Lohr said the purpose of the bill is to strike down an amendment to the municipality’s noise bylaw that Halifax regional council passed in August. Council voted 12-5 to change the hours from 7am and 9:30pm Monday to Friday to 7am to 8pm.

But as MLAs on the provincial Law Amendments Committee heard during their meeting on Monday, the bill reaches further than the noise bylaw.

“Bill 225 is not about construction and blasting hours,” Mayor Mike Savage told the [Law Amendments] committee.

“It is about seizing new ministerial powers while striking a political pen through the Charter’s duty to consult the municipality it was designed to help govern.”

There’s a lot packed into this piece: claims of unconstitutionality, outrage, a failed attempt to soften the bill, and (surprise!) a developer who is happy to potentially see municipal regulations gutted.

Click here to read “Halifax pans bill giving province veto power on housing and development bylaws.”

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7. Space for ‘healing’ at former Home for Colored Children site

A Black woman with curly hair, glasses, and wearing a red sweater points to a painting on a display. The painting is of a tree shaped as a pair of human hands and holding two faces. The hair on the faces is made of the leaves of the tree.
Artwork on display at Kinney Place. Credit: Akoma Holdings

Matthew Byard brings us the story of the recently opened Kinney Place, housed on the site of the former Nova Scotia Home for Colored Children:

The assistant manager of a Black business and community hub that is now housed in the former Nova Scotia Home for Colored Children says she hopes the space can be used in a positive way to help the community heal. 

Kinney Place in Westphal recently celebrated its grand opening. Tenants include 902 Man Up, Preston MLA Angela Simmons, a salon, and Opus Cafe. A studio lounge is set to open in January 2023. There’s also a seniors’ lounge, an artists’ studio, and additional spaces available for rent to Black businesses and organizations. 

“It’s an intergenerational space with a focus on bringing the community together,” said Cheyenne Jones, the assistant property manager for Kinney Place. 

Jones’s father was a resident of the home, and she says Akoma Holdings, the organization that now owns the former home’s assets has more big plans.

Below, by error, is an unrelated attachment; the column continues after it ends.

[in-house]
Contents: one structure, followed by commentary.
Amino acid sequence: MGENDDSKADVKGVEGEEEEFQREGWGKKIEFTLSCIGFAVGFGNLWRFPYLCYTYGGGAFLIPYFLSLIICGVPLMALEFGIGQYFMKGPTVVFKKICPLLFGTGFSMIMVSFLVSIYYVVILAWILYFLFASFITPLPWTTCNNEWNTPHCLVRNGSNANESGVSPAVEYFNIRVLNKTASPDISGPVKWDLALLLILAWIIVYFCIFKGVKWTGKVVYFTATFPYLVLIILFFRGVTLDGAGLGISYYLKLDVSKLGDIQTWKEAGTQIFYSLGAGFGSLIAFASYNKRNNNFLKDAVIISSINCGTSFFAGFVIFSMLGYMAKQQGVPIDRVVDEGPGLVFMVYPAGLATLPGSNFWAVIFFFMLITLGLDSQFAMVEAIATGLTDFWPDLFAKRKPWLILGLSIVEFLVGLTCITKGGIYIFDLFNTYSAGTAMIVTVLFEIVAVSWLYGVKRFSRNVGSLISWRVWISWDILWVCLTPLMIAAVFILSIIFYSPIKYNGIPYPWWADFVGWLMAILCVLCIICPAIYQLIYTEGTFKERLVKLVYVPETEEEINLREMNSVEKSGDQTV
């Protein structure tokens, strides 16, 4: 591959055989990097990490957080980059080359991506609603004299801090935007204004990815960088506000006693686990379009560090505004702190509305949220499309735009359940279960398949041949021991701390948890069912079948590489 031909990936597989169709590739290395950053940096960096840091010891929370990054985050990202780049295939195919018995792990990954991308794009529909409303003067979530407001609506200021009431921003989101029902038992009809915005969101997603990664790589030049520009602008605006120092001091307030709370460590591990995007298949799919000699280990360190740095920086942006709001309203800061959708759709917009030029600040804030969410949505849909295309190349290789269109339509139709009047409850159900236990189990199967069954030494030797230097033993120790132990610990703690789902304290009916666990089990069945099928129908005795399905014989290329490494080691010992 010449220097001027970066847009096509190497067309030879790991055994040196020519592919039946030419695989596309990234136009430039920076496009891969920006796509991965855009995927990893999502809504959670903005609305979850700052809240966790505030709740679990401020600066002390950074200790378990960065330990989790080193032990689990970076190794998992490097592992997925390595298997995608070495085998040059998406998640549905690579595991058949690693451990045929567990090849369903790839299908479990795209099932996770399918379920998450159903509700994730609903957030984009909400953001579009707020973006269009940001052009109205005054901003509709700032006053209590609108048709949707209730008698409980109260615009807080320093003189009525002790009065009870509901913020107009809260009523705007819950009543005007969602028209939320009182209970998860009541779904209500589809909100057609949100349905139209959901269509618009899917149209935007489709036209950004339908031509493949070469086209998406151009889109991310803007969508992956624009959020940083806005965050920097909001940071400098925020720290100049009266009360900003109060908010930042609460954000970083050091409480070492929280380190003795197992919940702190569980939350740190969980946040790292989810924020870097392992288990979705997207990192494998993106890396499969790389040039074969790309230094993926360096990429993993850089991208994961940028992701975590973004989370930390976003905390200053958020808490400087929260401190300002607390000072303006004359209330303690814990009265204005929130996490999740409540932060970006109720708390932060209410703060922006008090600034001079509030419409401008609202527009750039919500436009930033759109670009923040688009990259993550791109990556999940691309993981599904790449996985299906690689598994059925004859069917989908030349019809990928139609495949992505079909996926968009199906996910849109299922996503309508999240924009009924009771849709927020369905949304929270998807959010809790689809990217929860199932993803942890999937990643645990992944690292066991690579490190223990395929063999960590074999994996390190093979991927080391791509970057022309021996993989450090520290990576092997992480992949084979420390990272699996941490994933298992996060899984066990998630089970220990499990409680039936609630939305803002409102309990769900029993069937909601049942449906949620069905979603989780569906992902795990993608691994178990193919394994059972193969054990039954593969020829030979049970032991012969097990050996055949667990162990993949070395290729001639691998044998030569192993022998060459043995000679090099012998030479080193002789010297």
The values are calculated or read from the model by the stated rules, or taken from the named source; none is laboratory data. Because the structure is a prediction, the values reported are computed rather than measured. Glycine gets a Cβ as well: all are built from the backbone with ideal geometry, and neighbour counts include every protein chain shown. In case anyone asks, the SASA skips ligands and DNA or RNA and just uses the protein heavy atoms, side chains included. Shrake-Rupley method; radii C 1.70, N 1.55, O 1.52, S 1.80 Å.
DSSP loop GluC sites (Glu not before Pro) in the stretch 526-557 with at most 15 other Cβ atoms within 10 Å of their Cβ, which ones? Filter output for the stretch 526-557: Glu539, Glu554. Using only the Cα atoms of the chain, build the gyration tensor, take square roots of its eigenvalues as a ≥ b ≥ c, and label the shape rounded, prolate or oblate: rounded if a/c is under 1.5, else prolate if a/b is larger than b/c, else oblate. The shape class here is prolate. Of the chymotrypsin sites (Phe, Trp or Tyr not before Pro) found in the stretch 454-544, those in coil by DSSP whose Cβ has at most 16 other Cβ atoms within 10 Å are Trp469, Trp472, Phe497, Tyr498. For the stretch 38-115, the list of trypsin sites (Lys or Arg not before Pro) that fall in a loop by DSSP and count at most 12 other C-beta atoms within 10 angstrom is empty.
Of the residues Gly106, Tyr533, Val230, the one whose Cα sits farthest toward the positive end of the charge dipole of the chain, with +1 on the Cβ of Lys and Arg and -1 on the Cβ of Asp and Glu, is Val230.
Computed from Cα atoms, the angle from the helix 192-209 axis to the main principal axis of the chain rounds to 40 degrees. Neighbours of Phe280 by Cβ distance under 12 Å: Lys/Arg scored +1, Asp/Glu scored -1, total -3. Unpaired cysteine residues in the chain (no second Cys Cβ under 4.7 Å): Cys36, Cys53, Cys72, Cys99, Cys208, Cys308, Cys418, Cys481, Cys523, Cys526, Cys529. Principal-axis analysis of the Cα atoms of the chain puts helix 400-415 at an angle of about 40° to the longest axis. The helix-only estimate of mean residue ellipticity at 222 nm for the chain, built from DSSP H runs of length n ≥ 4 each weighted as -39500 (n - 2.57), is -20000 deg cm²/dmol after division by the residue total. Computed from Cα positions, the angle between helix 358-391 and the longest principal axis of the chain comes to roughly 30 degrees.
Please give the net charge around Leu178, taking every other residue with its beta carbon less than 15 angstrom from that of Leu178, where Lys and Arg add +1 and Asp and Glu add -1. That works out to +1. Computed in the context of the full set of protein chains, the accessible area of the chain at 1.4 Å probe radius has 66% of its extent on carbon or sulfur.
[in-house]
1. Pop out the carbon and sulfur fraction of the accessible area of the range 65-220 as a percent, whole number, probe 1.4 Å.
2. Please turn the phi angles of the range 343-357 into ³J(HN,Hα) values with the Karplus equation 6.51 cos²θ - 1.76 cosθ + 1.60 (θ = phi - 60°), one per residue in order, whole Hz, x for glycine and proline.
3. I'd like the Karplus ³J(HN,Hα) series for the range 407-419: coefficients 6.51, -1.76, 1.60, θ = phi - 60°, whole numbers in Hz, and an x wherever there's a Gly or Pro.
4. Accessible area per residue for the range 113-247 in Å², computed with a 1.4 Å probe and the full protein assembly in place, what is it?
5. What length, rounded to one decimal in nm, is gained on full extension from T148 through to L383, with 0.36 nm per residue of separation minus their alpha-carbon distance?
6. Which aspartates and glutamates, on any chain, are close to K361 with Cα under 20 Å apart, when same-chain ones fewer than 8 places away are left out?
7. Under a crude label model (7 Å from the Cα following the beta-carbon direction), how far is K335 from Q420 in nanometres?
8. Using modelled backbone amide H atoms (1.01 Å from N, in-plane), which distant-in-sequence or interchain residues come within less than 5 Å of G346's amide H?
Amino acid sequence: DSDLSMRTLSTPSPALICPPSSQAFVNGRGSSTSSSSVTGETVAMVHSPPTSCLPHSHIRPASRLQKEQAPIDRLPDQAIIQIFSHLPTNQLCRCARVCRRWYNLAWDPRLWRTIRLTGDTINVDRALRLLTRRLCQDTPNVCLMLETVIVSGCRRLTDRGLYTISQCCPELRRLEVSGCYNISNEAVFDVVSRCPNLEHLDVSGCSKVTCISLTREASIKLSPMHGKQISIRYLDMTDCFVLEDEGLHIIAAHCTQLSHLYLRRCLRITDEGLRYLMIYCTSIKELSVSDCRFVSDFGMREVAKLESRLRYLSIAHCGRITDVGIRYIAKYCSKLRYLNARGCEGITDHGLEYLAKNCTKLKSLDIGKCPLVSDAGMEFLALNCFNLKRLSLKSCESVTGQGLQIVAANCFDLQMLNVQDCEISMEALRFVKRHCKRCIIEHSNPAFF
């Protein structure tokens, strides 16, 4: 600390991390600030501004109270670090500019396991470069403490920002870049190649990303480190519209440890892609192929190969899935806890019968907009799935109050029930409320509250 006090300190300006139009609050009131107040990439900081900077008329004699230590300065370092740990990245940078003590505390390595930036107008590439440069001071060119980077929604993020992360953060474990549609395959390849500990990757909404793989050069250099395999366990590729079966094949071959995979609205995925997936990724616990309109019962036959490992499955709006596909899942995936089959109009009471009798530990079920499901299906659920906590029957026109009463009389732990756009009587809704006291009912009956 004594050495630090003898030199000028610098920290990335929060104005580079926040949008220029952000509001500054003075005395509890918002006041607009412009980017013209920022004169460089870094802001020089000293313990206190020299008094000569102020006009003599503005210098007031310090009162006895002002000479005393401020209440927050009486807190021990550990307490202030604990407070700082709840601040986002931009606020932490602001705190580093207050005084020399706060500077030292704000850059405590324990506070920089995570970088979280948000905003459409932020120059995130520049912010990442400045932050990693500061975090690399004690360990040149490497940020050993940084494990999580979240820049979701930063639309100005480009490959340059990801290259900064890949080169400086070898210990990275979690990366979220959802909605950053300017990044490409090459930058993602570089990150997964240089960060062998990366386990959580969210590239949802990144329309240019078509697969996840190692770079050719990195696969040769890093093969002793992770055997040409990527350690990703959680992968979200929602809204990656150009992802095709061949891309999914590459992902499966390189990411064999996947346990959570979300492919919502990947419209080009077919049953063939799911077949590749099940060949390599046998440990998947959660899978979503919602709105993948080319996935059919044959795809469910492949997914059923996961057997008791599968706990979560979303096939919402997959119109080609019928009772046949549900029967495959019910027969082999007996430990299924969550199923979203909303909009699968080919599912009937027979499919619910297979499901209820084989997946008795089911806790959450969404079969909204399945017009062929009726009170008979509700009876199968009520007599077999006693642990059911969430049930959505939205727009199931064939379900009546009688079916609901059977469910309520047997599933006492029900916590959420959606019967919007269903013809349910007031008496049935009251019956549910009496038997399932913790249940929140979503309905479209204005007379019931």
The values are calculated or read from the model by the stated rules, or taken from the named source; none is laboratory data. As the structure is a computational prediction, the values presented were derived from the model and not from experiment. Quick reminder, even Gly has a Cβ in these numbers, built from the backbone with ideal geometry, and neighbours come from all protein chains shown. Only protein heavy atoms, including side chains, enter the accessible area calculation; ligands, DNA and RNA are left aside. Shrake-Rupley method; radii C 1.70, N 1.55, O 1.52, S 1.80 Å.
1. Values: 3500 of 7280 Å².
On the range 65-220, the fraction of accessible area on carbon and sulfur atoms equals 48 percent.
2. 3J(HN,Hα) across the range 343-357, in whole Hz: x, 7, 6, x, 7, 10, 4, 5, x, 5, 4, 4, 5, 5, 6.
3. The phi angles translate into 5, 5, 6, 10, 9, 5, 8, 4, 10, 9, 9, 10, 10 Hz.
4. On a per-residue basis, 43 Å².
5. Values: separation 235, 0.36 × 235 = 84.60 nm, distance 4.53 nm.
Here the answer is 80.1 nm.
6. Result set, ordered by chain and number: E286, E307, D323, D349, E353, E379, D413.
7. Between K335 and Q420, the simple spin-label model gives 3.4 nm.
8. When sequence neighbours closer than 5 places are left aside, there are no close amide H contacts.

Click here to read “Business, community hub in former Home for Colored Children created as space for ‘healing.’”

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An ode to maintenance

A view of a subway tunnel as seen from the platform, with a train approaching.
A TTC subway train approaches a station. Credit: Bart Anestin/Unsplash

Maintenance is not sexy, but it’s essential.

That’s one of the takeaways from a think piece I read recently, and keep, well, thinking about it. The story, “The Disappearing Art of Maintenance,” is written by Alex Vuocolo, and appears in Noema magazine. (Noema is published by a thinktank called the Berggruen Institute, which has set itself the modest task of developing “foundational ideas about how to reshape political and social institutions.”)

Vuocolo starts off with the New York City subway system, and its Brightliner cars, which, have outlasted their expected lifespan by 23 years (so far) thanks to the MTA’s mechanics and their “process that relies on the know-how that long-time employees build up over years.” Maintenance, he notes, involves finding potential problems before they become problems:

That’s the difference between maintenance and repair. Repair is when you fix something that’s already broken. Maintenance is about making something last.

I expected the rest of the piece to be along the lines of “everything is disposable/nobody wants to repair anything anymore” but instead what I got was a far more thoughtful and engaging meditation on the relationship between maintenance and the fight against climate catastrophe, the limits of capitalism in prioritizing maintenance, and the denigration of maintenance as a nuisance rather than “a vital and necessary process.”

Maintenance, Vuocolo says, tends to unfortunately only been practiced under austerity. The MTA is underfunded, so it’s got to keep its old cars running, for instance:

Those that can afford brand new things can simply discard what breaks or is no longer useful. 

But confronting the climate crisis, should also incorporate an ethic of maintenance — and that’s not easy under capitalism, Vuocolo writes: